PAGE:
After a productive trip down into the foothills of North and South Carolina and Georgia, on the drive back north, we stopped for fuel at a nationally known convenience store location. After plopping down some cash to pre-pay the fill up, wandering back to the car, one of their signs came rolling past in the wind.
As I was gassing up the buggy I noticed the sign had landed at the foot of a STOP sign. Figured I'd go get the sign while the pump was metering out the fuel. As I approached I saw a retail building which had the sign "CAFE" on the right. Moving closer I saw the name "Cool Spring Market", a natural food store in Lexington, VA.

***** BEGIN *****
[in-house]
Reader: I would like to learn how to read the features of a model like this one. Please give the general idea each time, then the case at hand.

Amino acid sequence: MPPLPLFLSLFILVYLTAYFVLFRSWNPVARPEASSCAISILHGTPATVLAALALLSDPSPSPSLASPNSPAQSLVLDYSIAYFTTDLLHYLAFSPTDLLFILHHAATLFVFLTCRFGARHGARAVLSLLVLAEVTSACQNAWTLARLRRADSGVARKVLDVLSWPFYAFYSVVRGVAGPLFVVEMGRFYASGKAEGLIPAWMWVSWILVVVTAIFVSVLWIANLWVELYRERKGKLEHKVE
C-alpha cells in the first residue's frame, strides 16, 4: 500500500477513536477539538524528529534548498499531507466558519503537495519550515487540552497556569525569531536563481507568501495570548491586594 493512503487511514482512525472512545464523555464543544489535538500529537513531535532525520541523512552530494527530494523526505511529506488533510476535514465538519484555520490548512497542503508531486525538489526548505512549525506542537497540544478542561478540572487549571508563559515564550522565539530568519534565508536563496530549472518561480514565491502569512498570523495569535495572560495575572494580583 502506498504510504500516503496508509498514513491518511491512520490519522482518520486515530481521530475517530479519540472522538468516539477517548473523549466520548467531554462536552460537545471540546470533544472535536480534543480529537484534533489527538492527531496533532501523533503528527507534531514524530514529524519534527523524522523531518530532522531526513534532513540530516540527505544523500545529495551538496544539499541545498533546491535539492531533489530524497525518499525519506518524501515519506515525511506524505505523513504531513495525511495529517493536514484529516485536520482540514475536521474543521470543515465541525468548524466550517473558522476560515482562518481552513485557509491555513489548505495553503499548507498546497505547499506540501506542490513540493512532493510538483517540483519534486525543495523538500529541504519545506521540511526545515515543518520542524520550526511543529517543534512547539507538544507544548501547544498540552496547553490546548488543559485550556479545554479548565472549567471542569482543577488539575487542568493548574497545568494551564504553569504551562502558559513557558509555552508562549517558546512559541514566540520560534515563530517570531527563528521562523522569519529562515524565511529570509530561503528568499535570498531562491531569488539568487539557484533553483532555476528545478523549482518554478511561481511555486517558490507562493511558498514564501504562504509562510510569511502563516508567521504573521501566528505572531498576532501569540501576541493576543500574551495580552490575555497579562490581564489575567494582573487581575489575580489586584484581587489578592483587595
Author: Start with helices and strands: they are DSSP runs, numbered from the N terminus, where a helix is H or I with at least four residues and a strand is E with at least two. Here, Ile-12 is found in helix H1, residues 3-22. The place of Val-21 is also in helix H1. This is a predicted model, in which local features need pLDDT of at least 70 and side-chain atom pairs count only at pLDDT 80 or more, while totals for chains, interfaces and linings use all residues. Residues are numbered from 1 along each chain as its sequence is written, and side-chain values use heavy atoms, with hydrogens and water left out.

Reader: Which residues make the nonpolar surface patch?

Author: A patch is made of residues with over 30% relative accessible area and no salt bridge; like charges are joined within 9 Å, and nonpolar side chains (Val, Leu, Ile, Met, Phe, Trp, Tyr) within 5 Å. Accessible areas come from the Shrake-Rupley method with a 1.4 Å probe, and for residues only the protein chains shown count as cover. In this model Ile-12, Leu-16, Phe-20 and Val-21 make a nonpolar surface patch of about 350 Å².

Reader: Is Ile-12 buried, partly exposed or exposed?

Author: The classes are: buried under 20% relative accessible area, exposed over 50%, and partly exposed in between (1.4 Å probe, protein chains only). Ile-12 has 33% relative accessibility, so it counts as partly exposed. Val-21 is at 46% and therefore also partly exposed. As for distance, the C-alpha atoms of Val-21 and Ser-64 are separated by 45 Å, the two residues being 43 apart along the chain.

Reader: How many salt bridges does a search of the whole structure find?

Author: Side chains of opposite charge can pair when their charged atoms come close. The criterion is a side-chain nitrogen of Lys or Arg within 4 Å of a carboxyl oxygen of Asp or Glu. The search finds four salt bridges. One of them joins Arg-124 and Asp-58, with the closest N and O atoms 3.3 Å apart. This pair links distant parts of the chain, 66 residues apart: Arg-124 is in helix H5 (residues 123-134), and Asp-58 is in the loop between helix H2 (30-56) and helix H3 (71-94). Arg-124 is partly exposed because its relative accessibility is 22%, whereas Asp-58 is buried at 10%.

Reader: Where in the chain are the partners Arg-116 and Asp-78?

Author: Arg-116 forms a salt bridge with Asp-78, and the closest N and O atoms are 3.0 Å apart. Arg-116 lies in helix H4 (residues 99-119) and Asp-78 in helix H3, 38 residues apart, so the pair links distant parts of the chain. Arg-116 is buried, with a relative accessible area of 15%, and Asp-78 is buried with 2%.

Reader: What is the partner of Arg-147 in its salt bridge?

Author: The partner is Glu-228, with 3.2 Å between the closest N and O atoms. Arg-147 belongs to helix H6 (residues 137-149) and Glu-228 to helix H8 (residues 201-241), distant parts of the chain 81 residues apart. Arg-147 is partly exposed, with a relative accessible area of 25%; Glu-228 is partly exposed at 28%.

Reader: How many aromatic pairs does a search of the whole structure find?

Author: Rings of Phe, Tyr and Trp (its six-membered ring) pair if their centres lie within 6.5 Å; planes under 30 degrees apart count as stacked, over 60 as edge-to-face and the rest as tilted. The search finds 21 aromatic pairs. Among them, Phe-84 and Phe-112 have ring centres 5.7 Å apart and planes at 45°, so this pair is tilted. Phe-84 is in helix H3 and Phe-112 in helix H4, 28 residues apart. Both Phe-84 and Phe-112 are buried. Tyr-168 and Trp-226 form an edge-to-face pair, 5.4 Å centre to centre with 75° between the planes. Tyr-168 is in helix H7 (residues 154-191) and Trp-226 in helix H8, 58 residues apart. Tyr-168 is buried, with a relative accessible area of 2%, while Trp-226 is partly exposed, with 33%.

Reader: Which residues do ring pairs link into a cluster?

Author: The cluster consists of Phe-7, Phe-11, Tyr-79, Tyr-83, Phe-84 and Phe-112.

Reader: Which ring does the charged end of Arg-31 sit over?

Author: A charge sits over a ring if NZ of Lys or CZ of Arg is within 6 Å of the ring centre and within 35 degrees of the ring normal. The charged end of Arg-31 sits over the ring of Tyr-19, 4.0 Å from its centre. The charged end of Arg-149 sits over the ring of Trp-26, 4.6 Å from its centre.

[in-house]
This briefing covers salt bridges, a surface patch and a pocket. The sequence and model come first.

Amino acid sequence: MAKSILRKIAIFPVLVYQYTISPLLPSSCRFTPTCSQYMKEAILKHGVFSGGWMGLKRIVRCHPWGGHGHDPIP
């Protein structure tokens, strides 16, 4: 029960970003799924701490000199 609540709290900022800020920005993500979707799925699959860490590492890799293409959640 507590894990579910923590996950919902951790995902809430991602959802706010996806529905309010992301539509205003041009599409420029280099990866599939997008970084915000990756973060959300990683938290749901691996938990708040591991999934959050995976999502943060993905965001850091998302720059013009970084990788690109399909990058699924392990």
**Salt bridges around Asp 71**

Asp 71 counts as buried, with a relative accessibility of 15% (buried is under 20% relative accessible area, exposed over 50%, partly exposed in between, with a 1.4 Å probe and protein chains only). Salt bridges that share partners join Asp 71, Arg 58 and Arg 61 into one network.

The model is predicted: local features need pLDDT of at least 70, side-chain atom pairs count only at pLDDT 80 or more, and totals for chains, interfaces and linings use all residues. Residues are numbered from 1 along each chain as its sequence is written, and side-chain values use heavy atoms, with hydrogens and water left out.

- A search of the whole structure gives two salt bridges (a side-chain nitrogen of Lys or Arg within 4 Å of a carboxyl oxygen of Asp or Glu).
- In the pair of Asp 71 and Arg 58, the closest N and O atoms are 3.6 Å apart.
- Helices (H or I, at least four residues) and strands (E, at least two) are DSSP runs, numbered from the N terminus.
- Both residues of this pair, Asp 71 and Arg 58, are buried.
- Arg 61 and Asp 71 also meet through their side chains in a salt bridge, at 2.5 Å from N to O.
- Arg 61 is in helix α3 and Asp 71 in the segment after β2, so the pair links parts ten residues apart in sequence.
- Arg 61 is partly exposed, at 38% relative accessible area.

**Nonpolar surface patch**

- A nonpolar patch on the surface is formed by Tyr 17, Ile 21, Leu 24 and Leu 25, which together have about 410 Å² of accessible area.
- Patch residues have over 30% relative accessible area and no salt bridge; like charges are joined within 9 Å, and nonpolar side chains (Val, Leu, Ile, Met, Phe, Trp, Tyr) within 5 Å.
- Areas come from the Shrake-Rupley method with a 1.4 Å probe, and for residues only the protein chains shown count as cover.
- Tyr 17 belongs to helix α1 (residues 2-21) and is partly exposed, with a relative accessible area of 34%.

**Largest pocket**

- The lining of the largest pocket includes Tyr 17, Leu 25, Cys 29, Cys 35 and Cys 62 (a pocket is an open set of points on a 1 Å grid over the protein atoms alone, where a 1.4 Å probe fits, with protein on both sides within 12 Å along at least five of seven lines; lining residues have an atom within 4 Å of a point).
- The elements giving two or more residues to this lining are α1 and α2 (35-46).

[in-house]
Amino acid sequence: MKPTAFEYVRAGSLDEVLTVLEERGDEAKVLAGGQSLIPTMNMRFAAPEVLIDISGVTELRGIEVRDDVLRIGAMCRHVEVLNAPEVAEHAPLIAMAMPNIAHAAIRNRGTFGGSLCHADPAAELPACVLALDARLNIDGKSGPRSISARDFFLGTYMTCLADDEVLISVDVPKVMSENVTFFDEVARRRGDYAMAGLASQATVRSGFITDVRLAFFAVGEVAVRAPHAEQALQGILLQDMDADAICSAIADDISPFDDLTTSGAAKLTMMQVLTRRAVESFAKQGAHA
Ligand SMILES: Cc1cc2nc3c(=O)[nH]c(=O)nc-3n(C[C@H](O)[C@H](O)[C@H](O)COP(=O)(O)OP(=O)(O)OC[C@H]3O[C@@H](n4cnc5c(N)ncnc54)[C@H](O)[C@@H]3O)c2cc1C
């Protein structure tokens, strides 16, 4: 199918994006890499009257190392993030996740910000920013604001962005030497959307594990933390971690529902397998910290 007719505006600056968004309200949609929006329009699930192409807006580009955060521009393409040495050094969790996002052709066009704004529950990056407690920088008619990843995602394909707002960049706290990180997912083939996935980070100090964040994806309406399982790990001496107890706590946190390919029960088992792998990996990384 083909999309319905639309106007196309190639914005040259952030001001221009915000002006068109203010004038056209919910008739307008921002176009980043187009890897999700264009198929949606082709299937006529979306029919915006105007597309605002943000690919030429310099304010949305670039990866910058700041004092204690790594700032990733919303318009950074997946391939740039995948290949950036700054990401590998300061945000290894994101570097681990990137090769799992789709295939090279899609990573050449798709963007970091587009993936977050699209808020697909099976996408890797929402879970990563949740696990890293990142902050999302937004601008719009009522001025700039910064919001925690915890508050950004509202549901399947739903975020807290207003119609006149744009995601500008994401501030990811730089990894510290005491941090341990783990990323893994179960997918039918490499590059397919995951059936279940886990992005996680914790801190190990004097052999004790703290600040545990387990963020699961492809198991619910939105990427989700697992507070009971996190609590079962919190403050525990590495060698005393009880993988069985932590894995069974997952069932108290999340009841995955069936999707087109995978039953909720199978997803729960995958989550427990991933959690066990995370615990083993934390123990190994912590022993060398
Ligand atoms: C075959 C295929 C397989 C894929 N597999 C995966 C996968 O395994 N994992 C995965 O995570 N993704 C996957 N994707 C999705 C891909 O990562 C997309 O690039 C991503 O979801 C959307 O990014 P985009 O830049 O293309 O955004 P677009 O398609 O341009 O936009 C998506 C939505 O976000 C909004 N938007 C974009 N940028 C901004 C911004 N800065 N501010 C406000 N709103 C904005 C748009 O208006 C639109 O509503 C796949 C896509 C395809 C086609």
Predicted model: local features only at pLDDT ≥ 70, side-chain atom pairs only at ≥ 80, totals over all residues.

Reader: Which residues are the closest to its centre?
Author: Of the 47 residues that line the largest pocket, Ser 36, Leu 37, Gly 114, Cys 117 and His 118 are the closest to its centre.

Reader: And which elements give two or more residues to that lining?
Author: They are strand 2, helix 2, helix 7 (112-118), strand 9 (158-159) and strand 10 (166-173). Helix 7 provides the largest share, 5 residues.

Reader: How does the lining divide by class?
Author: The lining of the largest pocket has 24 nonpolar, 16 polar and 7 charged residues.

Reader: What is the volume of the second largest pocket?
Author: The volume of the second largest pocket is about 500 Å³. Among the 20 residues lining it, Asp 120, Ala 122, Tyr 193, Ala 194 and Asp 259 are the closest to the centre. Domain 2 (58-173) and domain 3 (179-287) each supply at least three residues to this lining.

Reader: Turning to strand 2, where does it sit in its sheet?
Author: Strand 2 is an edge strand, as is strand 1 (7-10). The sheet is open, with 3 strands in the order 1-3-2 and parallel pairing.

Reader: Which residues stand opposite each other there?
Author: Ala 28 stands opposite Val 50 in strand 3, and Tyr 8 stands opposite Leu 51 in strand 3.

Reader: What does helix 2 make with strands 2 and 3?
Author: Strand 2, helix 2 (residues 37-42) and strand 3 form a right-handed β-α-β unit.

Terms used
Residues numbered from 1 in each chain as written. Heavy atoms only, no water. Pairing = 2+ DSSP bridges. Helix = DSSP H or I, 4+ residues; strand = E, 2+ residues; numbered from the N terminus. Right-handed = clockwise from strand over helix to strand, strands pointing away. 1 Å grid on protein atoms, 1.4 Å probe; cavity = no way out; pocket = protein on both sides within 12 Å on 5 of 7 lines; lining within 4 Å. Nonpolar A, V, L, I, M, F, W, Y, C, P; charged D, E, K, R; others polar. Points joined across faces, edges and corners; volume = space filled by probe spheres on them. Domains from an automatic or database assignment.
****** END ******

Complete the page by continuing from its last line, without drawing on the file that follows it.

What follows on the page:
Ah! Here again, my chance to get a nice cup of coffee and introduce the staff to my all natural insect repellent - 'Skeeter Skidaddler. They received my free samples with interest and brought them back to the owner, along with the presentation folder.
I believe 'Skeeter Skidaddler speaks well for itself when people have a chance to try it. I provided free samples and folders to over 85 retailers on our barn storming tour in the southeast. So far 6 retailers have signed up. From my past experience I will get orders from 30-40 more on this trip, once the owners and managers have a chance to test the samples and review the wholesale information.
'Skeeter Skidaddler really is a ground breaking product. Other herbal formulas work to a lesser extent, have to be reapplied often and have varying fragrances which many times are not terribly pleasant.
'Skeeter Skidaddler repeals all flying biting insects, whether in northern or southern climates. It lasts 4-6 hours per application. Two fragrance ways are available and loved by over ten thousand of our fans: warm and spicy & light and lemony.